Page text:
Miranda clambers over a large hunk of concrete toward a gutted living room where an entire front wall has been blasted away, like a shadow box display of war’s work. She faces her biggest challenge of all, one that has nothing yet everything to do with the story: to get out of the way. Miranda feels her presence like a shameful secret infiltrating every image. This may be why some of the photos she expects the most of in the moment end up as her worst. It’s like a trick. Her self-consciousness obliterates the truth. She feels like she has no control. But she can’t tell whether she’s even in a battle for control or if she’s simply meant to surrender. What will it take for her to be inside of it, merging what she sees with the truth of what’s actually there. How will she know? She longs for that feeling, that obliteration of self. She longs for that even as she strives to surface, to be seen, to declare herself worthy.
A woman appears in the wreckage wearing a t-shirt that says GUESS, her hair only partly covered by a flowered hijab. The piles of burnt wood, and the dust of broken concrete help to subdue the light, which ordinarily would’ve been too full and hot at this afternoon hour. Click-click-click, Miranda, a cold, robotic version of herself, approaches the woman.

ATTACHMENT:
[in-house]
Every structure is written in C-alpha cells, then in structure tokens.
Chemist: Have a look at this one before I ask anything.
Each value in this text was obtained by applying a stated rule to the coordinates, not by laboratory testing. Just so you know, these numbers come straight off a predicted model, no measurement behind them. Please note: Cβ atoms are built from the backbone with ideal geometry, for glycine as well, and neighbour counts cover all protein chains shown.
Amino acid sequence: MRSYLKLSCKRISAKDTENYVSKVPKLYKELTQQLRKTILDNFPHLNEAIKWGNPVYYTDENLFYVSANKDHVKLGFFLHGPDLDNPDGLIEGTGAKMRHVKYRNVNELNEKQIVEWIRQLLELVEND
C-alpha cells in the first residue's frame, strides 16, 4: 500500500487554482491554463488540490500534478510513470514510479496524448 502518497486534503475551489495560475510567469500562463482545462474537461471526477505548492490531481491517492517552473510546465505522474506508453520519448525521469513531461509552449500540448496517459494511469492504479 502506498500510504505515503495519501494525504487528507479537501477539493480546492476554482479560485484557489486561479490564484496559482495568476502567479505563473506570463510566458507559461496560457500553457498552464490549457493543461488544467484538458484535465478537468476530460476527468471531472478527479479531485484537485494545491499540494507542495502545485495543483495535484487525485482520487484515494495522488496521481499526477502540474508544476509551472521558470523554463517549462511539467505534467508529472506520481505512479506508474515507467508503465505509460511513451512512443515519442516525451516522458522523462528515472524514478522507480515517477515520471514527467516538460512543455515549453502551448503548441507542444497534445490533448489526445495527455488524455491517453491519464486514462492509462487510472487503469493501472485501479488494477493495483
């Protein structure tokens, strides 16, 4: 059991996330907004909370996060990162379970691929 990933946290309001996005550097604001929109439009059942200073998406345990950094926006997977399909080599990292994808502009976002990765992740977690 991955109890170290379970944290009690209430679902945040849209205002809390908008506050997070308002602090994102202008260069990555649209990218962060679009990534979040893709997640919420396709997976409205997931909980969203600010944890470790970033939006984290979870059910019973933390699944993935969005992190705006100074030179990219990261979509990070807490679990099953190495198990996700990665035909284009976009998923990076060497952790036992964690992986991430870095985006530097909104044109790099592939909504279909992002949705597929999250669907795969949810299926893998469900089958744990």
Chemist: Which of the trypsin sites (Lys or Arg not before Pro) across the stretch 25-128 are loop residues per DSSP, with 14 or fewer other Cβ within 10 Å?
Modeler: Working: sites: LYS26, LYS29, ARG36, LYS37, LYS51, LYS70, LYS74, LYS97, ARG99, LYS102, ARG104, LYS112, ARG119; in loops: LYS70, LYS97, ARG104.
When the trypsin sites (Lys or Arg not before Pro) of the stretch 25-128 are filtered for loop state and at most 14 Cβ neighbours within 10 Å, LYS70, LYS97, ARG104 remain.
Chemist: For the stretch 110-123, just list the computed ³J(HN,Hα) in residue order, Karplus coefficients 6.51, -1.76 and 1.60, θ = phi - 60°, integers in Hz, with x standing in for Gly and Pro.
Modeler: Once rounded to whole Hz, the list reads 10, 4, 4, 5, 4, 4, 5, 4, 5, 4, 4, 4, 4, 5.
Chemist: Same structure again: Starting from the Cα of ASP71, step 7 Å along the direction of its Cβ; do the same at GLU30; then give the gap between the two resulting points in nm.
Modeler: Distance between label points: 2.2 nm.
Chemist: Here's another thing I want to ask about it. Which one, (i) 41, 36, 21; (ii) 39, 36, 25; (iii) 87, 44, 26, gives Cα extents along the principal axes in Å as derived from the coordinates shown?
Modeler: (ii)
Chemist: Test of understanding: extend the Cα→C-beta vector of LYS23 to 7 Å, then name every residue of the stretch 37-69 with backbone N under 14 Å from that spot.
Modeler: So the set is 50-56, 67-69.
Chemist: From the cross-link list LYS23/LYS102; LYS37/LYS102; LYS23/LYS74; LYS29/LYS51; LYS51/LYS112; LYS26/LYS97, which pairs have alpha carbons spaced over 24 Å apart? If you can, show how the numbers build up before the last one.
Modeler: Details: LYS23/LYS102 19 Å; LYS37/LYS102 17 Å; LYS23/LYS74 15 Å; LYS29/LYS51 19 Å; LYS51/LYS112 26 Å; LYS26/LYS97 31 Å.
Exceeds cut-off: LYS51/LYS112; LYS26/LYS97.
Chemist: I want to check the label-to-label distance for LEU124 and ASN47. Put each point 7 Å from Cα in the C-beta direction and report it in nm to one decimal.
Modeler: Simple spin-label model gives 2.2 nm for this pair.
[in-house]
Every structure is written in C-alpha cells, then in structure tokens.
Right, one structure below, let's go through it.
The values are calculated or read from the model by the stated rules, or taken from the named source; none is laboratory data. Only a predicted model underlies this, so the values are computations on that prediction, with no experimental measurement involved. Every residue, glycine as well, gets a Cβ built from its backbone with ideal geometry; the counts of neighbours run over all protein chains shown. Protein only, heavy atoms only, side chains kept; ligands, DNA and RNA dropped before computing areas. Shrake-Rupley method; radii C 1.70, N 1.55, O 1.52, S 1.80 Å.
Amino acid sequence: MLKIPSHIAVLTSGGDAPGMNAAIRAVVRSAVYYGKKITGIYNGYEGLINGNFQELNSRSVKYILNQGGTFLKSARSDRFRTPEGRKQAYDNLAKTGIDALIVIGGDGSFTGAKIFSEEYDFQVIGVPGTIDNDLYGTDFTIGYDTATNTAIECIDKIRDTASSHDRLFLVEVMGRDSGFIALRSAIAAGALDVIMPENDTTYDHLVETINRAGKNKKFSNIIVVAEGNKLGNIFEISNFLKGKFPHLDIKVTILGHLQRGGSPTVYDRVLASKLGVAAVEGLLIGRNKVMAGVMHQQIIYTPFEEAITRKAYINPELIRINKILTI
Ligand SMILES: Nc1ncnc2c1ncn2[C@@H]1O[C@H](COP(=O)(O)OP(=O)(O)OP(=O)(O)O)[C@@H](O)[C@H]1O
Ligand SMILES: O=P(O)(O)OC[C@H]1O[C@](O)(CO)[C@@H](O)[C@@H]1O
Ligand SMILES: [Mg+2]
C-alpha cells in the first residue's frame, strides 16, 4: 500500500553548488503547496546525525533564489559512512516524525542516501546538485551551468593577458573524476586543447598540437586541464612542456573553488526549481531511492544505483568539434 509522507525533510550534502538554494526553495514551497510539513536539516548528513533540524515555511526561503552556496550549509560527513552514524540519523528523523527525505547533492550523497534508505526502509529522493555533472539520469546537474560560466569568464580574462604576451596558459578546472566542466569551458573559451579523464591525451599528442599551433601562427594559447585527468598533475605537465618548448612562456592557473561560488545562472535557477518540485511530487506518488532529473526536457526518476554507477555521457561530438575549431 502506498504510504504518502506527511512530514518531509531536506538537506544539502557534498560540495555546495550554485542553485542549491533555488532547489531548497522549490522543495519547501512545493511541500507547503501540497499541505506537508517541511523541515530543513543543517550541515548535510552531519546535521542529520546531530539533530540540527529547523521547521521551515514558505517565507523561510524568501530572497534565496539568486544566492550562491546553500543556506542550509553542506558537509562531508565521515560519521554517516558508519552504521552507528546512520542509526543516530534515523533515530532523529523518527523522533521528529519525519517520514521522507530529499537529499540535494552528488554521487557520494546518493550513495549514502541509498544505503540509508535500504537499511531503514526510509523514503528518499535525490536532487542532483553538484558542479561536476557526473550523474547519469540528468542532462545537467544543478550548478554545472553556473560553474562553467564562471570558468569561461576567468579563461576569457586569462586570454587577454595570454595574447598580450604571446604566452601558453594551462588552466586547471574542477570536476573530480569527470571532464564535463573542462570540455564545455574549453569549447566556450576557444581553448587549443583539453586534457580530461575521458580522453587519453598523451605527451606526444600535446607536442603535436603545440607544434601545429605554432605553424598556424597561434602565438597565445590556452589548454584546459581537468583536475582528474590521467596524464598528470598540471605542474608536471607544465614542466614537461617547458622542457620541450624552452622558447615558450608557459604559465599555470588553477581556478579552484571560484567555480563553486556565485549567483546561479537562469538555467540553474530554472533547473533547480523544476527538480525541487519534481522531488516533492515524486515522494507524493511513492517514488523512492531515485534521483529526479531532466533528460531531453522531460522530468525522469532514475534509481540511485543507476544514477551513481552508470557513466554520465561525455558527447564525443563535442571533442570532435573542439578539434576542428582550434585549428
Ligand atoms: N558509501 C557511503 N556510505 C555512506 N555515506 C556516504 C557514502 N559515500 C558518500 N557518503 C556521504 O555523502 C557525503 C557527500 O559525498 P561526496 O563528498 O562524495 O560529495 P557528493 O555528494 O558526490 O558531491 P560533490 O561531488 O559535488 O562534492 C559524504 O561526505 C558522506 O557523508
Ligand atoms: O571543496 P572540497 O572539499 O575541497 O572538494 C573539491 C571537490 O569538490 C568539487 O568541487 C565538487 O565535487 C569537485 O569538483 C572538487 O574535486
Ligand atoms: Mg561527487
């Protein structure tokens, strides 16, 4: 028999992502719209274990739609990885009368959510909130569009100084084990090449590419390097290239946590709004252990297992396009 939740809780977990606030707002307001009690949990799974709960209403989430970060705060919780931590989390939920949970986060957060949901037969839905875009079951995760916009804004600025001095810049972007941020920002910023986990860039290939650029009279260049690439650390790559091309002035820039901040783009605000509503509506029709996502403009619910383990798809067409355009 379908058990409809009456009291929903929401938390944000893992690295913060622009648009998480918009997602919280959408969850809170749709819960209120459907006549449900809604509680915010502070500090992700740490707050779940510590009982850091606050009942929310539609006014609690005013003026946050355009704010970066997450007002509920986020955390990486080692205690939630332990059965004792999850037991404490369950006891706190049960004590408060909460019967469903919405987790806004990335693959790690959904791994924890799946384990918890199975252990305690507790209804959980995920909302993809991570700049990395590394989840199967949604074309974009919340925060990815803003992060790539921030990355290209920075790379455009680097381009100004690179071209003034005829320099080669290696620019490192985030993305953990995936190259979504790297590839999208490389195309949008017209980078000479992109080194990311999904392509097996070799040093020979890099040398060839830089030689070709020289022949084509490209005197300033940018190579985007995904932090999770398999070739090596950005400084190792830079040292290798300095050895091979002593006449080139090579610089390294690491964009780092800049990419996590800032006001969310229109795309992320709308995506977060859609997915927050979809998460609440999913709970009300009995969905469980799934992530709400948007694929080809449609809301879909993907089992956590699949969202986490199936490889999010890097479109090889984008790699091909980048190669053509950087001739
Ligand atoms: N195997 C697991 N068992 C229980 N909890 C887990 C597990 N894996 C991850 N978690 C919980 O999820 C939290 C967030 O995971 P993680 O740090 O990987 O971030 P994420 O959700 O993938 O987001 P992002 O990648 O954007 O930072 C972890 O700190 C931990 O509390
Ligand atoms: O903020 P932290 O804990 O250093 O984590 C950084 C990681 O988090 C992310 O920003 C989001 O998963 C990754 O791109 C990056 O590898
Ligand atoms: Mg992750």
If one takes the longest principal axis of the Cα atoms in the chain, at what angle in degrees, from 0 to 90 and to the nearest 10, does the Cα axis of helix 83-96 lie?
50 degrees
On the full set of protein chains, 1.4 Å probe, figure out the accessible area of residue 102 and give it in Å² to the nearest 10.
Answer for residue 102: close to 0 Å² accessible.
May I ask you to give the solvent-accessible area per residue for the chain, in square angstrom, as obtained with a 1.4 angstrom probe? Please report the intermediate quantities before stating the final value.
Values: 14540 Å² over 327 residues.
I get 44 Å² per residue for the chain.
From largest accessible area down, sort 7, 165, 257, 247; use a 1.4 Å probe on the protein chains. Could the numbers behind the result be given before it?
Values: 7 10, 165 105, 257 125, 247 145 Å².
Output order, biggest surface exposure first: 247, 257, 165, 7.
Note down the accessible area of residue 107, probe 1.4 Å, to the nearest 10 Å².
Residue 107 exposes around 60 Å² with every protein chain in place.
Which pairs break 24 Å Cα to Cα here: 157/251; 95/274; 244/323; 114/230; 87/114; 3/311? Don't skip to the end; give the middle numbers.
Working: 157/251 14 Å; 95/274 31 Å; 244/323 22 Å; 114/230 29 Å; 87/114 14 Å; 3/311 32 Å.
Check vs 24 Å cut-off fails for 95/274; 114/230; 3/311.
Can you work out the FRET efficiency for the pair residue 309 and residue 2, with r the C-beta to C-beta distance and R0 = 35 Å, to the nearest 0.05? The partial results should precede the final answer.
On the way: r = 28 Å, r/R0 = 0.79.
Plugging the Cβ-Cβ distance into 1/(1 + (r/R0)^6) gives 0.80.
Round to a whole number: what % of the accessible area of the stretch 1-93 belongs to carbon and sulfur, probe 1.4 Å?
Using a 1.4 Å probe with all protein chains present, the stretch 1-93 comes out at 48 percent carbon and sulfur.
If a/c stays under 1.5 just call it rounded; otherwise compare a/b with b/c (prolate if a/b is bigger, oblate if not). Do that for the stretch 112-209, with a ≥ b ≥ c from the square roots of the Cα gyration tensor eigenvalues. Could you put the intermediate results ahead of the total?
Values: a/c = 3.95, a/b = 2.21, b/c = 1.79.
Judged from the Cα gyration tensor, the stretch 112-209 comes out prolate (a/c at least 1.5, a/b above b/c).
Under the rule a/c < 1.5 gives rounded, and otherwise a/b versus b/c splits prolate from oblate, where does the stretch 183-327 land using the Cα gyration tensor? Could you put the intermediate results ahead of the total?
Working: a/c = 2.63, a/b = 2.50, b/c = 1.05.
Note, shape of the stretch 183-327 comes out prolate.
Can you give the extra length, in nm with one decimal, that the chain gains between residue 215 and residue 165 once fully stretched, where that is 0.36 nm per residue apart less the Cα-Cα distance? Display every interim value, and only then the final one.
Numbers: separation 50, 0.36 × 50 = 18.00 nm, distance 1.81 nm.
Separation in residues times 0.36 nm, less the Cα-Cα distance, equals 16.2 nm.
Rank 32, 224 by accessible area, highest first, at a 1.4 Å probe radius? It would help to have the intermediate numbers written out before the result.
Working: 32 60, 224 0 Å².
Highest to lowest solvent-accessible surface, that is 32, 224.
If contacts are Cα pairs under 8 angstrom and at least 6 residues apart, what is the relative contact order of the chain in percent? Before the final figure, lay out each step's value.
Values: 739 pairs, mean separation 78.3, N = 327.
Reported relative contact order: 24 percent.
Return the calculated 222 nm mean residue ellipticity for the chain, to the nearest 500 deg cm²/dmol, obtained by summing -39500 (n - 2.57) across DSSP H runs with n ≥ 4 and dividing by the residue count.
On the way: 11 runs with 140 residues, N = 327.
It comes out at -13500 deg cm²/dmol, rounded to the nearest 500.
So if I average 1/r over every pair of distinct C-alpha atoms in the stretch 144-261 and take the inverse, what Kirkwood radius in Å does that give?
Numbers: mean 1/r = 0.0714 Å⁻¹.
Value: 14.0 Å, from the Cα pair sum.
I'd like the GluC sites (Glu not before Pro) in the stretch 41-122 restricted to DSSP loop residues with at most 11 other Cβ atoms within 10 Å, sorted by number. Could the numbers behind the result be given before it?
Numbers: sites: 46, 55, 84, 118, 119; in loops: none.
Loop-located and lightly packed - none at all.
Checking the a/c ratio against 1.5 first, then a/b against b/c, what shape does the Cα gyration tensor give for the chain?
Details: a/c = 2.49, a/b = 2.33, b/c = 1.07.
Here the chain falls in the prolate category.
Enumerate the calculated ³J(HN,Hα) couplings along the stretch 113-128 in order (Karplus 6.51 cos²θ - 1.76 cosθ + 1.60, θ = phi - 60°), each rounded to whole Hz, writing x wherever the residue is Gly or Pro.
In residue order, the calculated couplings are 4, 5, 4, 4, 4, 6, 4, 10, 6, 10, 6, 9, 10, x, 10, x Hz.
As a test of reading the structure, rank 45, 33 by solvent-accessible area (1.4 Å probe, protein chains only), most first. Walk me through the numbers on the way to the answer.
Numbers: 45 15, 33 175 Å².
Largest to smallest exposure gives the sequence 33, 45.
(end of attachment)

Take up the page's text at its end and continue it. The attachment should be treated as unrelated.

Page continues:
“Do you know Doctor Tamir Ahmadi?” she asks. Narbad translates. The woman stares blankly at her. “We’re looking for the entire Ahmadi family. For Tamir, for Basma, his wife—” Miranda’s throat tightens. “Mo, Daria—their twins.” The woman’s blank stare and her inability to speak Arabic frustrate her. “They live right here.” She gestures to the rubble. It occurs to her that they are now homeless. “Any idea where they are?”
“Ahmadi, Ahmadi.” The woman repeats the name. She shouts in Arabic toward another woman walking past with a toddler who clings like a monkey to her back. The woman with the child shakes her head, waves dismissively, and shouts back.
“What did she say?” Miranda asks Narbad.
“Everybody here is lost,” Narbad translates, but the resignation in his tone has Miranda wondering how precise his translation is. No one seems to know where the Ahmadis are or even if they’re alive. A part of her is relieved. The unknown offers hope. But her sense of being on the verge is slipping.
“We must leave here now.” Narbad points to the sky, which is scattered with clouds. Even the silence above them feels menacing, as though the quiet dares another onslaught. “The sky tells us everything.”
Despite herself, Miranda shrugs. “It looks empty.”
“Listen,” he says. She hears the hollow chopping of helicopter blades. “We cannot be here, especially after dark. We will come back another day.”
“Another day?” This makes no sense to her.
“Tomorrow maybe you can try. I rebooked your hotel in Kilis.”